Oklahoma prison officials say cellphone jamming would help
OKLAHOMA CITY (AP) — Thousands of illegal cellphones are making it into the hands of prison inmates who use the devices to commit crimes, but prison officials testified Monday that they're prohibited from using one of the best tools to stop it — jamming technology.
Prison officials from Oklahoma and South Carolina testified about the effectiveness of cellphone-jamming technology before an Oklahoma Senate committee. Federal law bans the use of such technology by state agencies, and it is opposed by the wireless industry.
Oklahoma seized more than 5,200 contraband cellphones from inmates last year. While that's a decline from about 7,500 seized a year earlier, the problem remains a major one, said Mike Carpenter, chief of security for the Oklahoma Department of Corrections.
Carpenter said a fight between rival gangs at an Oklahoma prison last month quickly escalated through the use of contraband cellphones into melees at several other prisons. One inmate was killed and more than a dozen were wounded.
"Do I think (cellphone) jamming would work? Absolutely," Carpenter said.
The wireless industry opposes the use of cellphone-jamming technology inside prisons, mostly because of concerns that it would also block signals for legitimate users, said Gerard Keegan, a spokesman for the Cellular Telecommunications and Internet Association.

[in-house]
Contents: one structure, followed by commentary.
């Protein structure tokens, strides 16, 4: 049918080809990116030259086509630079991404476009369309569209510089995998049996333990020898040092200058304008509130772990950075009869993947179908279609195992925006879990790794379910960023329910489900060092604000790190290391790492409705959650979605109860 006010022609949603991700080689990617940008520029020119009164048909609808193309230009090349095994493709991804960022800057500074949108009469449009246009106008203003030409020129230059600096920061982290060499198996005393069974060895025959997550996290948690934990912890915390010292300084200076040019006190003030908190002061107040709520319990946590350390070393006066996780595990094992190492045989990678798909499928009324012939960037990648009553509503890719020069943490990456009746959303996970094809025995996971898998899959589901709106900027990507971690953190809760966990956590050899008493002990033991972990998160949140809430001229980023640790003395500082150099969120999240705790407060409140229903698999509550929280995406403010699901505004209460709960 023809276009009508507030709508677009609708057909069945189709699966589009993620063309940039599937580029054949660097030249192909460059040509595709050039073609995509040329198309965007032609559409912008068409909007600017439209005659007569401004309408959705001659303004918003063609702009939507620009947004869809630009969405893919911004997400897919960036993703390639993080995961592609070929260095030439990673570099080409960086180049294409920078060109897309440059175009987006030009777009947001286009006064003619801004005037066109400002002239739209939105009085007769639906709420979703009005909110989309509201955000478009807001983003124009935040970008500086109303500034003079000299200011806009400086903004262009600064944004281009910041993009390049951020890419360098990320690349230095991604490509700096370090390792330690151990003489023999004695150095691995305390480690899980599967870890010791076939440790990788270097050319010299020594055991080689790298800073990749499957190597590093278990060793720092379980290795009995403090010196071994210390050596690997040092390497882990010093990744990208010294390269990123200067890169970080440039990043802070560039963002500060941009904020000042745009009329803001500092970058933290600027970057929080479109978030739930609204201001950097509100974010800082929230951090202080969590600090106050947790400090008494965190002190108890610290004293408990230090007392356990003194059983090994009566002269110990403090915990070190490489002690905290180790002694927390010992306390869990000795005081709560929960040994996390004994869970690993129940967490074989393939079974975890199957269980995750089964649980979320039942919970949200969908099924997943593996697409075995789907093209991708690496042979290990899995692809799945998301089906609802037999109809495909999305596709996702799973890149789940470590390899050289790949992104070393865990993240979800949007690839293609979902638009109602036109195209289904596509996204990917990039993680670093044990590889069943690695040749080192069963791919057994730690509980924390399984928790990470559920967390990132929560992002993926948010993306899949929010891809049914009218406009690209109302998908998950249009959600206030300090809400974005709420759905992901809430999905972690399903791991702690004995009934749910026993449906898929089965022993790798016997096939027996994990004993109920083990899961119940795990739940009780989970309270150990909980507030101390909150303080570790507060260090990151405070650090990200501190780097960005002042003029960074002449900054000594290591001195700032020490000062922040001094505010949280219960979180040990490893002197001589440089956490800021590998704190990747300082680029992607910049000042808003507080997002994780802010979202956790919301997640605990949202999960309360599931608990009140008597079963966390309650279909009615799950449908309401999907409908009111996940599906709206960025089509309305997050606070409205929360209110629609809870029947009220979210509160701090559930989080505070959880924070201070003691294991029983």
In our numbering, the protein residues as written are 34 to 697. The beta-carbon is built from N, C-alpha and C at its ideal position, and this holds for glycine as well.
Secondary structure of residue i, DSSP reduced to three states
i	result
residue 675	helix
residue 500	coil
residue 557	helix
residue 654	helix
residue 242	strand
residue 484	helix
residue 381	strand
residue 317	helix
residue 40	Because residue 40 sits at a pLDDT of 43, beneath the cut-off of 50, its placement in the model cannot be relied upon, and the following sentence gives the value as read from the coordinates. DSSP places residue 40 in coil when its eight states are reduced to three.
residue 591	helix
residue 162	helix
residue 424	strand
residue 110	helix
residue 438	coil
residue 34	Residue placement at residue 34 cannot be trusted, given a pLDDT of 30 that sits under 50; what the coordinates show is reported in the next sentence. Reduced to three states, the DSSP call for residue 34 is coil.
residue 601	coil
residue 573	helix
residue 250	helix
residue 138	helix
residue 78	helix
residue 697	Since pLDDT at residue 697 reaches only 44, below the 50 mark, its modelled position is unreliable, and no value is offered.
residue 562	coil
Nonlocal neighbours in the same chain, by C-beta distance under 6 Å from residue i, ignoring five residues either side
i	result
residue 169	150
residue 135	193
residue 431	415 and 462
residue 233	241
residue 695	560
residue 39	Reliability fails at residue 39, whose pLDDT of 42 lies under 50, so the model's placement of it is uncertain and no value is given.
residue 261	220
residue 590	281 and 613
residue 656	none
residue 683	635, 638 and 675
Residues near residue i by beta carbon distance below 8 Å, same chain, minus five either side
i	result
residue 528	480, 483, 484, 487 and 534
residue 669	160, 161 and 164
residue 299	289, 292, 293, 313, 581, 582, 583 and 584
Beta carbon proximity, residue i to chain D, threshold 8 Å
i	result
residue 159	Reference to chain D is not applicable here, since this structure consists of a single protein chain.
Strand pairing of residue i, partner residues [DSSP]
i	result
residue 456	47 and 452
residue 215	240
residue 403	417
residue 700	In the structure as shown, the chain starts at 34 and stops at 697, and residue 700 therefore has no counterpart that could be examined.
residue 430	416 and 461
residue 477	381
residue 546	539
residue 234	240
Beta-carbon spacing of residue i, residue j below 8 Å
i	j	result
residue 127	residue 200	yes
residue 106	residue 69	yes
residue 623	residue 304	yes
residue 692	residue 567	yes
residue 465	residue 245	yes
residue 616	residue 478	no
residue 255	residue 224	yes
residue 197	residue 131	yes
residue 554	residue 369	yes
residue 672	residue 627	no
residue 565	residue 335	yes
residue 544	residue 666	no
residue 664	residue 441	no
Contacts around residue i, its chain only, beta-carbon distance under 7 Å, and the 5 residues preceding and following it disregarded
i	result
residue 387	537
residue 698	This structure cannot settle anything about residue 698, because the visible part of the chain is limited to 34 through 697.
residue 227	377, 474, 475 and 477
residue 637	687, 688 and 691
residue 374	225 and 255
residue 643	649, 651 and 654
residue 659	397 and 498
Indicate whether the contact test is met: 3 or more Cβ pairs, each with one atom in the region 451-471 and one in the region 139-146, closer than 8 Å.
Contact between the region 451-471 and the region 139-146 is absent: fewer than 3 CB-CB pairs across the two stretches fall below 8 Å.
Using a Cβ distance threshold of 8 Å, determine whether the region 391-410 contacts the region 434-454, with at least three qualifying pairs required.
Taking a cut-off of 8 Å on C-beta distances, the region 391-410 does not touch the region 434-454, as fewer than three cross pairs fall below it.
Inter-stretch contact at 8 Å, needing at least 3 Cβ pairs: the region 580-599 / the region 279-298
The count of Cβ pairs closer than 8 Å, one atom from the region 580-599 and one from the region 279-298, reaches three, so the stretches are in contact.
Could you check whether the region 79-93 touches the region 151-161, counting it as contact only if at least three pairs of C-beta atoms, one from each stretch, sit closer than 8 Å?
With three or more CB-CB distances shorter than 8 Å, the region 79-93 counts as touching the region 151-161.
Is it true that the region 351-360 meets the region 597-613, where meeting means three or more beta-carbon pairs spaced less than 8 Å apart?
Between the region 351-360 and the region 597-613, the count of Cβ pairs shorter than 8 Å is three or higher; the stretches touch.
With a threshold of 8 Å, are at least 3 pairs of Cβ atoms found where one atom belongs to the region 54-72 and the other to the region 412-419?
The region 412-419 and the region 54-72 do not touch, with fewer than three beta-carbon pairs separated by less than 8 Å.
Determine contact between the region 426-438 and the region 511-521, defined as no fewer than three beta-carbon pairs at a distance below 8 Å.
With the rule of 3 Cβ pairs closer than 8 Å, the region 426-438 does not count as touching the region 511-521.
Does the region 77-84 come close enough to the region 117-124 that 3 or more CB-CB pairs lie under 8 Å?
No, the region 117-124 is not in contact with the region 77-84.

He says the group instead supports a "managed access" system in which technology is used to determine which signals inside a prison are from contraband cellphones so that steps can be taken to disable those targeted phones. He said the group also supports continued testing of cellphone-jamming techniques.
Federal legislation to allow states to use jamming technology is pending in the House and Senate.
"My suggestion is simple," U.S. Sen. James Lankford, R-Oklahoma, said on the floor of the U.S. Senate earlier this year. "Let's jam cellphones in prison for the protection of our guards, for the protection of our families, and to be able to block criminal activity from happening inside our prisons."
Last year, federal officials tested micro-jamming technology at a federal prison in Cumberland, Maryland, and said they were able to shut down phone signals inside a prison cell, while devices about 20 feet (6 meters) away worked normally.
Oklahoma City officer charged with murder goes on trial
OKLAHOMA CITY (AP) — Jury selection has begun in the trial of an Oklahoma City police officer who fatally shot a suicidal man who was apparently trying to set himself on fire.
Sgt. Keith Sweeney is charged with second-degree murder in the Nov. 15, 2017, death of 29-year-old Dustin Pigeon. Jury selection began Monday.
The 34-year-old Sweeney was among officers who responded to reports of a suicidal person and found Pigeon doused in lighter fluid and threatening to set himself on fire in a courtyard.
Prosecutors say Sweeney shot Pigeon after another officer fired a bean bag to no effect. An affidavit says Pigeon was unarmed and did not pose a threat when he was shot.
3.1 magnitude earthquake recorded in southeastern Oklahoma
QUINTON, Okla. (AP) — No injuries have been reported following a 3.1 magnitude earthquake in southeastern Oklahoma.
The U.S. Geological Survey says the quake was recorded at 11:09 a.m. Monday a little more than 1 mile (2 kilometers) north of Quinton, about 123 miles (198 kilometers) southeast of Oklahoma City. The temblor was recorded at a depth of about 3 miles (5 kilometers).
No damage was immediately reported. Geologists say damage is unlikely in temblors below magnitude 4.0.